— Albuquerque Journal
In 1965, Title XIX of the Social Security Act created Medicaid “to assist states in furnishing medical assistance to eligible needy persons” — not to keep health-care providers in business, much less in golden parachutes.
Yet that’s where the focus of discussion has been too often since the state Human Services Department suspended federal and state Medicaid funding to 15 mental-health providers.
The action came after an audit found alleged mismanagement and possible fraud has cost taxpayers more than $36 million. An HSD news release says “the audit revealed that even after removing unintentional claims errors — in other words — simple human mistakes, more than 1 in 4 of the audited claims failed, meaning they should not have been billed at all.
“On further evaluation, HSD found an error rate above 57 percent on cases that could have impacted the health and safety of individual consumers.”
Providers have said they have not been given details of their alleged wrongdoing. Some have already scaled back services and threatened to shut their doors. Some have asked a federal judge to reinstate their payments.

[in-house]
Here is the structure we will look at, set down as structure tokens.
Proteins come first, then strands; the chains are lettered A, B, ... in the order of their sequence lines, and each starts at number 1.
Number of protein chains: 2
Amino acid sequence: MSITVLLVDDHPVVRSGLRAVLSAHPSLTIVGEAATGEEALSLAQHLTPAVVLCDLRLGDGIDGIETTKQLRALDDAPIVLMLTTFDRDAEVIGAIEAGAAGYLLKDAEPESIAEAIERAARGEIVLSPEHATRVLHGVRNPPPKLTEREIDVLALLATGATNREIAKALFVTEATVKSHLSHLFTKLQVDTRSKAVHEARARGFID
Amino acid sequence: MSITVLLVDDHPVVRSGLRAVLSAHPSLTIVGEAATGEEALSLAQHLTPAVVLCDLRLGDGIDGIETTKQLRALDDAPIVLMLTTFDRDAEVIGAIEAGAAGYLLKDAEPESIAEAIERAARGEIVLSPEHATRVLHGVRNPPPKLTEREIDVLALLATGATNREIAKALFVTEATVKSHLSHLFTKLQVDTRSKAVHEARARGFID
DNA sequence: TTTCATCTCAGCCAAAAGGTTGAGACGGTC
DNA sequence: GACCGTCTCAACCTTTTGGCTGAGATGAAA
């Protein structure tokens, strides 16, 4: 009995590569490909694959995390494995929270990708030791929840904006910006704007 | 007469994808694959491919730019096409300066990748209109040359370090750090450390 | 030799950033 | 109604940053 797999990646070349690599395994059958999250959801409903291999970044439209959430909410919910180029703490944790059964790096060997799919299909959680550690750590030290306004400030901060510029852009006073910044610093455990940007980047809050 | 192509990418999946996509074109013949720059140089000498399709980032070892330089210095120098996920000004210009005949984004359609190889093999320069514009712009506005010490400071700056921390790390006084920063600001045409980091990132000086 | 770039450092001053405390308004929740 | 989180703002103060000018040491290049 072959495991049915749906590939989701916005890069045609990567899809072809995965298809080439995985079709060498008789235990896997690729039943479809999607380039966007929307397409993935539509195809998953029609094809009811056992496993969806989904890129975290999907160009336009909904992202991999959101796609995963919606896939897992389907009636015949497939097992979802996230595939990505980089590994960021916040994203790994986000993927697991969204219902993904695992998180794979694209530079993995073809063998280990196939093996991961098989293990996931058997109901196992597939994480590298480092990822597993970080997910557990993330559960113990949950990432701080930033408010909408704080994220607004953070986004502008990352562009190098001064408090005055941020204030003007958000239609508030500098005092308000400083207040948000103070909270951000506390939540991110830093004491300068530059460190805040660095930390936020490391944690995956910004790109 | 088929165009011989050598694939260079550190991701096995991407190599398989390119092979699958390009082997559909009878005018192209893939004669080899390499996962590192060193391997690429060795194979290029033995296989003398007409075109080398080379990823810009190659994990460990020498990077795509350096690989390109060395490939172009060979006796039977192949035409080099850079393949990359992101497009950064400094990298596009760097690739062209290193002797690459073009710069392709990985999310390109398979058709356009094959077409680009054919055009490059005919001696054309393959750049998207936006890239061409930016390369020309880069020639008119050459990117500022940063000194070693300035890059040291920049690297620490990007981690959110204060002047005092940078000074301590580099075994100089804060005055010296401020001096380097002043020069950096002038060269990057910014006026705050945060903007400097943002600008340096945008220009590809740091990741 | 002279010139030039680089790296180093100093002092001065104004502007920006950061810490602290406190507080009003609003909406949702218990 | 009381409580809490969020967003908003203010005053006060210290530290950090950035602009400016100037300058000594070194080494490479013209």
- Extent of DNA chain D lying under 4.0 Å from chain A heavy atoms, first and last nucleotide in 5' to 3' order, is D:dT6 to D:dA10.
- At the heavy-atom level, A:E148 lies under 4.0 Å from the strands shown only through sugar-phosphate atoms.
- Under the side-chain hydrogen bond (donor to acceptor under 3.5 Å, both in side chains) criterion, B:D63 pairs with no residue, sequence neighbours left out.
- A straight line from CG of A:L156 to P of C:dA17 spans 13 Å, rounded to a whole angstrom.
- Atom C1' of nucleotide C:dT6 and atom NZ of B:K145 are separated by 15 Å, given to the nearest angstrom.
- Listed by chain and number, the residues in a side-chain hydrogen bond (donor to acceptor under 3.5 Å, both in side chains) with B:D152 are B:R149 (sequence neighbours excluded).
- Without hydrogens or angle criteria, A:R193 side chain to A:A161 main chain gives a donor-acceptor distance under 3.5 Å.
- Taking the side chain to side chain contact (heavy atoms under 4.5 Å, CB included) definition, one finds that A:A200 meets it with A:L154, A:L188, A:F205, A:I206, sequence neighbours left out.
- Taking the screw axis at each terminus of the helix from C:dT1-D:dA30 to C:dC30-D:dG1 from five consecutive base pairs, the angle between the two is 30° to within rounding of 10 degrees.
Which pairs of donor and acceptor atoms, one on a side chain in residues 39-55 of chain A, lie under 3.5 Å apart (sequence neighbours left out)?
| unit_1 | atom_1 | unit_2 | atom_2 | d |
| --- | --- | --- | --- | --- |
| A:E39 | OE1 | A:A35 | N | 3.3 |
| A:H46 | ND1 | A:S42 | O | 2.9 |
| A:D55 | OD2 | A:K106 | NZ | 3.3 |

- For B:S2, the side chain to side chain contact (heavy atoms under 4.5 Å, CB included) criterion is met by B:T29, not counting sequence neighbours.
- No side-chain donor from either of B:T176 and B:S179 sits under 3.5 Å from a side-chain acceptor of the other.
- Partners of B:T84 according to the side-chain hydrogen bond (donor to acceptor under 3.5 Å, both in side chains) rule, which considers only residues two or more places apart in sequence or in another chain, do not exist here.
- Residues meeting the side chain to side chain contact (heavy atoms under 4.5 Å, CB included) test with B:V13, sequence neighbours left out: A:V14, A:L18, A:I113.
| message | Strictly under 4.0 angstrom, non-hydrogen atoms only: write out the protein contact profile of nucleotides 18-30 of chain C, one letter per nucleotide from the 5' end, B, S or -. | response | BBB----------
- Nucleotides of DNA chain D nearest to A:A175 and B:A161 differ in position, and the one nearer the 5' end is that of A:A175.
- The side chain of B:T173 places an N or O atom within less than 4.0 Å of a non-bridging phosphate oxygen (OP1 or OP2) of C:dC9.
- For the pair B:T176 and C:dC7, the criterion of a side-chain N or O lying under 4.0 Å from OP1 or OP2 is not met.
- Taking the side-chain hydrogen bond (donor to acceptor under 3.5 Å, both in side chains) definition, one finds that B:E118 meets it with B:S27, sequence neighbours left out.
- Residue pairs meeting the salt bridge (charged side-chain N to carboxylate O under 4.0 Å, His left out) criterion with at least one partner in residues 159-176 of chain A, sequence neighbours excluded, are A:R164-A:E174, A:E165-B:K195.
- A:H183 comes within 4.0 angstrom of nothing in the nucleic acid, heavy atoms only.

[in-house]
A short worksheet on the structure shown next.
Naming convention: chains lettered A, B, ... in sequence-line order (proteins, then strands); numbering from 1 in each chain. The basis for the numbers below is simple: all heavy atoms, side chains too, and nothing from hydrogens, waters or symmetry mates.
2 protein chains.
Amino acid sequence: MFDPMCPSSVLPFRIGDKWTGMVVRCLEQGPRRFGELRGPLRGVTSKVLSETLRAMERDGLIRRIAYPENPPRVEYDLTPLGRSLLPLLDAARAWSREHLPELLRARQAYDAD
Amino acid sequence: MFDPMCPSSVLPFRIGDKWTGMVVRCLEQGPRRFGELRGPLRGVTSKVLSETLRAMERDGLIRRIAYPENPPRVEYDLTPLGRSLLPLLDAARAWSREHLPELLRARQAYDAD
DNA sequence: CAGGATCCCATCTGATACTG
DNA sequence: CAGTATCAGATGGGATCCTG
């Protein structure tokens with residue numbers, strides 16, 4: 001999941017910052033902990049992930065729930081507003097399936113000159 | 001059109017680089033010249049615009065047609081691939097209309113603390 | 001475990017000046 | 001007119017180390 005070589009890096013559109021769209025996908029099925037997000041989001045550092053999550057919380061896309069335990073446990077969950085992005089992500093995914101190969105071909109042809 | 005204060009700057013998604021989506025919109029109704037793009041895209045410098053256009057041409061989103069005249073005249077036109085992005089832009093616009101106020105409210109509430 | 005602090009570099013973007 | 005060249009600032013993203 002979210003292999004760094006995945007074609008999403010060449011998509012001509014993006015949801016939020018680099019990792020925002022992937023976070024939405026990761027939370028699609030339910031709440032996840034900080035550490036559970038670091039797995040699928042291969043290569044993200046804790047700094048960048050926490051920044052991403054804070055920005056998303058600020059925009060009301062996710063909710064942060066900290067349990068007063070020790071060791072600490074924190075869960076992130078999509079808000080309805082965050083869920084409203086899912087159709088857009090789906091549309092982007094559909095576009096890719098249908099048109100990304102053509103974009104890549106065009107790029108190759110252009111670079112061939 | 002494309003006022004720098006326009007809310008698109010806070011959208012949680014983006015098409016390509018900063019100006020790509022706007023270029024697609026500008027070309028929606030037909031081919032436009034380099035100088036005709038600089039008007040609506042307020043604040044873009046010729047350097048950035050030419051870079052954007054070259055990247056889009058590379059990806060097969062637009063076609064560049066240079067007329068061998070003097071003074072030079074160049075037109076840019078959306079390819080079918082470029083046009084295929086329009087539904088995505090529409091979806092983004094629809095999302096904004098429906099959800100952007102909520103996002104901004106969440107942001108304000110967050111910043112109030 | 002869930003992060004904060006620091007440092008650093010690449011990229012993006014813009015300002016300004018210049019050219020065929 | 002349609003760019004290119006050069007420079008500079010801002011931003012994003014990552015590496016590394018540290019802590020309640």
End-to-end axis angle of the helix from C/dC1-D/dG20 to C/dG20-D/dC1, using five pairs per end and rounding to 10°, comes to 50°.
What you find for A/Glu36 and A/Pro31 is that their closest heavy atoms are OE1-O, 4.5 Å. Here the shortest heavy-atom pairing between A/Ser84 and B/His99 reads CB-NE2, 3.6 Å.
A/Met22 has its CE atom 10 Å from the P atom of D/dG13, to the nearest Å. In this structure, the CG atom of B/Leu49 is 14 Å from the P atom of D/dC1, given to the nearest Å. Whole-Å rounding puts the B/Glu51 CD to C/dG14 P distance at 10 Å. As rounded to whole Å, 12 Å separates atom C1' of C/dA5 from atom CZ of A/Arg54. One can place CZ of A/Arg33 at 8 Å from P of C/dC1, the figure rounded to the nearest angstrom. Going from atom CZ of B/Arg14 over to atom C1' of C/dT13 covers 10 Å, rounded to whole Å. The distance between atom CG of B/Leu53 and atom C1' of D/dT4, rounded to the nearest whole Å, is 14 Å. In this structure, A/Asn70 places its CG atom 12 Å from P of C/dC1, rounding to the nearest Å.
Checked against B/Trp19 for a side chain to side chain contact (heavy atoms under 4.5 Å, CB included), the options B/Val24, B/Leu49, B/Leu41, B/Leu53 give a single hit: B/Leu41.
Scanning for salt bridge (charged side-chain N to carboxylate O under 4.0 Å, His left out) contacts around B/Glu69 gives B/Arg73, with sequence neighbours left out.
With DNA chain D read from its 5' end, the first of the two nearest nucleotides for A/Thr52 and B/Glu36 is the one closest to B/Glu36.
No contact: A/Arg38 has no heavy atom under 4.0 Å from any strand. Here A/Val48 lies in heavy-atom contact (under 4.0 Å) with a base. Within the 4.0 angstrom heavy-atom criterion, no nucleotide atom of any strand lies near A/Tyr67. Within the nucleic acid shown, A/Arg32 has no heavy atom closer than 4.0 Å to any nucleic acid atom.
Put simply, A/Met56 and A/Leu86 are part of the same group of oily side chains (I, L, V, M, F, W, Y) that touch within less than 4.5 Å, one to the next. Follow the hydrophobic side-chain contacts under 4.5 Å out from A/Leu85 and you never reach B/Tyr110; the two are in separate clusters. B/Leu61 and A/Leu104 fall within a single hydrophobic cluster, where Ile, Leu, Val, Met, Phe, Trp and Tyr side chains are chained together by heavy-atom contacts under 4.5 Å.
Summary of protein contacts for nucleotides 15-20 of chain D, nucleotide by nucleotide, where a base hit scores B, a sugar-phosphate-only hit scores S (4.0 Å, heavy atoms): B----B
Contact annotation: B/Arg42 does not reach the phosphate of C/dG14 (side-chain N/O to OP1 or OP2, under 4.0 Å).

Sen. Bill O’Neill of Albuquerque, in an op-ed, published in the Albuquerque Journal, voiced concern about “the effect that these accusations have had already on their staffs, their clients, and perhaps most importantly on their ability to survive financially.”
But what about the client in the audit who reportedly committed suicide because after six visits the provider hadn’t done a safety assessment? Aren’t the clients really the reason New Mexicans will shell out nearly $1 billion for these services this year?
HSD should release the audit, which was paid for with $3 million in tax dollars and whose findings are projected to cost taxpayers up to $18 million to rectify.
Attorney General Gary King certainly is treating this seriously. He says HSD had “very little discretion” under federal law except to stop funding once it concluded there were credible allegations of fraud. He has 17 staff members working on the investigation.
Providers should be given the chance to clear their names/clear up problems — but they must join HSD in putting clients first.
HSD says providers are contractually barred from shutting down; it did not want to tip off providers; and that the worst-case scenario would have one of the five contracted Arizona providers taking over management of client cases.
And it’s those vulnerable people who should be the focus, be it under new management, with new oversight or with a referral to a new provider.